Course Syllabus

PHY2049 - Physics 2 with Calculus, SPRING 2023


Physics, like all human endeavors, is something that is learned. Physics is practiced and advanced by a scientific community of individuals with diverse backgrounds and identities and is open and welcoming to everyone. We recognize the value in diversity, equity, and inclusion in all aspects of this course. This includes, but is not limited to differences in race, ethnicity, gender identity, gender expression, sexual orientation, age, socioeconomic status, religion, and disability.

Our aim is to foster an atmosphere of learning that is based on inclusion, transparency, and respect for all. We acknowledge the different needs and perspectives we bring to our common learning space and strive to provide everyone with equal access. We hope you truly believe, as we do, that by meeting the prerequisites, you belong in this physics class and are well-positioned for success.

Please don't hesitate to contact us with any concerns you may have as you embark on your physics journey.

Course Description

The second of a two-semester sequence of physics for scientists and engineers.  This course covers electricity and magnetism with DC and AC circuits and optics.

Course Goals

Physics 2 with Calculus is a foundational course in the sense that the material introduced here will be used in many of your later science and engineering courses. Thus, it is important that you not just become familiar with the material but master the material so you can succeed in future courses and in your career. We will work together to help you gain this mastery by discussing the basic principles of physics and by practicing applying them through physics problem-solving activities.

Course Student Learning Outcomes (SLOs)

At the end of this course, students will be expected to have achieved the General Education learning outcomes as follows:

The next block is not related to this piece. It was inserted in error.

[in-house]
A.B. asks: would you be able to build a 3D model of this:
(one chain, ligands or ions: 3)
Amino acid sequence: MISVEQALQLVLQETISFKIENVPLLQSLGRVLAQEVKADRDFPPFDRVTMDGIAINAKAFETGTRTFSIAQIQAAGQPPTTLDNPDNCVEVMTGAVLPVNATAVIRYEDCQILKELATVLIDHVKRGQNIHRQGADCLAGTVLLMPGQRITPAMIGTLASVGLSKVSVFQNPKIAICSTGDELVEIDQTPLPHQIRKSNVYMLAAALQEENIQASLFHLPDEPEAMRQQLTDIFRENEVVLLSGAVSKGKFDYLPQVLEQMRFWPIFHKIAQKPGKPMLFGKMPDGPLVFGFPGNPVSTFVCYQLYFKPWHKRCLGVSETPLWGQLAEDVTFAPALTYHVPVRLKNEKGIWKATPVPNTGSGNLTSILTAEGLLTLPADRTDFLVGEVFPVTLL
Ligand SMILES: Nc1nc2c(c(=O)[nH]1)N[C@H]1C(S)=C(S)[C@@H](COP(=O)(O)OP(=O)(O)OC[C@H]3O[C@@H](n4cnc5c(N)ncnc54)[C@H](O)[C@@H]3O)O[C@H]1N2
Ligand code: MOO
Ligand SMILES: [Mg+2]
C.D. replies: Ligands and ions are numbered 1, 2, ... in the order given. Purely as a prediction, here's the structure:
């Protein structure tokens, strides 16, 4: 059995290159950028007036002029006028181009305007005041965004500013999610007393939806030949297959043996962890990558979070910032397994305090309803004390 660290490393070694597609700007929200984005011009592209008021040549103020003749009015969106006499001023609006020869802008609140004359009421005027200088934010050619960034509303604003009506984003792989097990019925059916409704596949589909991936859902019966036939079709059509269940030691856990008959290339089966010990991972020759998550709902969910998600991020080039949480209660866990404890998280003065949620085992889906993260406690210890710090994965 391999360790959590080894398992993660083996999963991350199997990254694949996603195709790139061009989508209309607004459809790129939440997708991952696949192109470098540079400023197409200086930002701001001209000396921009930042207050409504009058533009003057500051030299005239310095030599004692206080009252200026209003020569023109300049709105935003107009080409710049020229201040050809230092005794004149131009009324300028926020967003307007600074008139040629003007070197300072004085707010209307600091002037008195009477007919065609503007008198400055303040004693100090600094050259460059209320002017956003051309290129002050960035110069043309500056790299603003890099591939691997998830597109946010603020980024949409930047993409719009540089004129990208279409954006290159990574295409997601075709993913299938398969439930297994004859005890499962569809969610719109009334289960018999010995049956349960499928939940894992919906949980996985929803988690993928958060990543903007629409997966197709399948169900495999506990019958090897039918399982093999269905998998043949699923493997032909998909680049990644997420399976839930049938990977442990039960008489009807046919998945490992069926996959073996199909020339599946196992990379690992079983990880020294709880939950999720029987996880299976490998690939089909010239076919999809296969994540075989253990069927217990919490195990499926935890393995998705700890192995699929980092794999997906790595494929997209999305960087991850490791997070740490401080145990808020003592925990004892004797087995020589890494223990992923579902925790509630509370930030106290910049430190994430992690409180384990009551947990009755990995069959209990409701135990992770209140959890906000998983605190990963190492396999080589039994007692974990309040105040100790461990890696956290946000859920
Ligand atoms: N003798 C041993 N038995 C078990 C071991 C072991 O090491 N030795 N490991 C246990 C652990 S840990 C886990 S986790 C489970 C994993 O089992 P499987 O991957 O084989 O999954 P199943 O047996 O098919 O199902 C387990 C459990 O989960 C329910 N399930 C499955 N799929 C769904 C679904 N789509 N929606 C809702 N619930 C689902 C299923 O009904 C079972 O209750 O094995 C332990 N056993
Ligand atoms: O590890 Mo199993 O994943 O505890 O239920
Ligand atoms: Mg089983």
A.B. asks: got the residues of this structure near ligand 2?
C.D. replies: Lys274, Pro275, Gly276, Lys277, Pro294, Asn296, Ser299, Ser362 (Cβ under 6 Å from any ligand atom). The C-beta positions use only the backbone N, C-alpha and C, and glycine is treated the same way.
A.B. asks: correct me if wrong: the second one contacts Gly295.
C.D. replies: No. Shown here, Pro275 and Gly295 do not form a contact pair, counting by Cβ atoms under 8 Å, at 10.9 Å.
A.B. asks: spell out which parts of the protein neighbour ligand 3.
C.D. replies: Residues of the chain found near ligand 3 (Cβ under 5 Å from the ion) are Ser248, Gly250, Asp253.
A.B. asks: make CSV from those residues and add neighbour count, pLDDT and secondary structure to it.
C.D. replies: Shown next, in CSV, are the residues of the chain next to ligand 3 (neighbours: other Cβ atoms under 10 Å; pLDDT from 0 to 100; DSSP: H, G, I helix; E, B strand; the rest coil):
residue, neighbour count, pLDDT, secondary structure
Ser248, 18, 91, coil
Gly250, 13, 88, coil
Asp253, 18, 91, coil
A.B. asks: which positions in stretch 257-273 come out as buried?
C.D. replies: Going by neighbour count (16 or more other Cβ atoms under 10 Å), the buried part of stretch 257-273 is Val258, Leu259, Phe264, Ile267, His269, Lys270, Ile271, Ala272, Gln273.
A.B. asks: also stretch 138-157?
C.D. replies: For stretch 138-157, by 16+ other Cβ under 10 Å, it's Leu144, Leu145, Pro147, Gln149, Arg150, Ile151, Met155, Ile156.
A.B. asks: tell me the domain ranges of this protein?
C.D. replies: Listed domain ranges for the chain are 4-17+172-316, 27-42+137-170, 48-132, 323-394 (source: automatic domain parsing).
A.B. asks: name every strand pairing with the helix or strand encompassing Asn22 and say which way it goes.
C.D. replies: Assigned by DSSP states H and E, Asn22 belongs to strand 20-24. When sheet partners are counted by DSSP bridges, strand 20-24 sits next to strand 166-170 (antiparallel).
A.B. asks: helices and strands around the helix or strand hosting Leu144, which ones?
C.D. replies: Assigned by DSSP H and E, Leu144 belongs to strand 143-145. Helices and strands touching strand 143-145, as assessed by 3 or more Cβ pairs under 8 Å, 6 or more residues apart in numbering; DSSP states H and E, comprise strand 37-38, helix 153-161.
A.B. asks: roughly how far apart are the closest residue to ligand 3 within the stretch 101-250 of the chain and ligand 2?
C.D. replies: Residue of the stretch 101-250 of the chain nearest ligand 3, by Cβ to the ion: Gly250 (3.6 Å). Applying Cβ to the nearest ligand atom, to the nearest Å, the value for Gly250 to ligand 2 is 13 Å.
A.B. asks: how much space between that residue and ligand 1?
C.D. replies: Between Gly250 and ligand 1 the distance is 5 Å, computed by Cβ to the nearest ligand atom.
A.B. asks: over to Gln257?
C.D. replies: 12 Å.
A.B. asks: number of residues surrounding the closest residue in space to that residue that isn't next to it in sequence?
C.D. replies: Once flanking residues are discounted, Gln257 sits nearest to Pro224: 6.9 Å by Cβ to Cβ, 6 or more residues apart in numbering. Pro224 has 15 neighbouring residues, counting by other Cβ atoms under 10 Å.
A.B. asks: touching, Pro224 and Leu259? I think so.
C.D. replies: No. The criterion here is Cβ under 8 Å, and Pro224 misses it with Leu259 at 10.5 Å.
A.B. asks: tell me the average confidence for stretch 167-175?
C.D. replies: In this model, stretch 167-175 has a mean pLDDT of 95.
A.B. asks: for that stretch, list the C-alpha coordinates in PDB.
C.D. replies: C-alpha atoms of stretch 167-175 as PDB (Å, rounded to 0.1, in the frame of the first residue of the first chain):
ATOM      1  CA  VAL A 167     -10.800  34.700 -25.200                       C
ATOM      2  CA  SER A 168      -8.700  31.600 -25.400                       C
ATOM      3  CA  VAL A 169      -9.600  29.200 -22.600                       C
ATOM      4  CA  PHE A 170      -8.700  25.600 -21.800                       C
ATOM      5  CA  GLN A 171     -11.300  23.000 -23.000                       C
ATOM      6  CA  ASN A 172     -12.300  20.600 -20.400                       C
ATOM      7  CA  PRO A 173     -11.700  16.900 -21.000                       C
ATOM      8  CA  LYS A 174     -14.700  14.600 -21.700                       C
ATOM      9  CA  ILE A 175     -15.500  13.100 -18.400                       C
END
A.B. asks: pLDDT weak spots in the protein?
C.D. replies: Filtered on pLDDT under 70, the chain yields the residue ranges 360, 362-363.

Content: Students demonstrate competence in the terminology, concepts, theories and methodologies used within the discipline(s).

  • Identify, describe, and explain the physics of electricy and magnetism, including the electrostatics, Gauss's law, circuits with capacitors, resistors, and inductors, magnetism, Maxwell's equations, electromagnetic waves, geometrical optics, and interference. (P). Assessments: Homework problems, quizzes, and exams.
  • Identify, describe, and explain how the scientific theories apply to real world situations and can be tested. (P)Assessments: questions relating to experimental demonstrations done in class given via iClicker and on exams.

Critical Thinking: Students carefully and logically analyze information from multiple perspectives and develop reasoned solutions to problems within the discipline(s).

In the context of this course problem solving involves analyzing the information given using knowledge of physics, evaluating the information to determine what is relevant and what is not relevant, and finally synthesizing the information to be able to come up with a solution.

  • Critically analyze, evaluate, and synthesize information in a problem using physics knowledge to develop a solution strategy and eventually a solution to the problem.   (P)Assessments: Homework, quizzes, exams.

Communication: Students communicate knowledge, ideas and reasoning clearly and effectively in written and oral forms appropriate to the discipline(s).

Getting a solution to a physics problem involves not only getting the numerical answer correct, but also logically explaining the reasoning process starting from physical laws and information given in the problem and proceeding in a step by step logically reasoned process to get the final answer.

  • Develop and present in writing quantitative and qualitative arguments for physics problem solutions using step by step logical reasoning. (P). Assessments: Hand graded quizzes.

Course Prerequisites

PHY 2048 and MAC 2312; Corequisite: MAC 2313

You will not be able to register for the course without PHY 2048 and Calculus 2.   Calculus 3 (MAC 2313) is a corequisite.  The mathematical language of electricity and magnetism is vector calculus, which is covered in Calculus 3.  Since some of you will be learning Calculus 3 at the same time that you are taking this course, we will gently use Calculus 3 material in the beginning of the course; however, by the end of the course we will be using Calculus 3 regularly.

General Education Classification

  • State Core: Natural Sciences
  • UF: Physical Sciences (P)

Contact Information

  • Course Email:
    • Please send e-mail only to and only from your GatorLink account. This is designed so that we can keep track of your questions, so that we can treat all students the same, and so that we know you are an UF student. If you send an e-mail to one of us individually, we will just forward it to, possibly delaying the response. We will not reply to e-mails sent from non-GatorLink accounts. E-mail is not the best way to get answers to physics questions. Please use class and office hours to seek help on specific physics and homework questions.
  • Instructors
    • Selman Hershfield
      • Office: NPB 2138
      • Phone: (352) 392 - 9387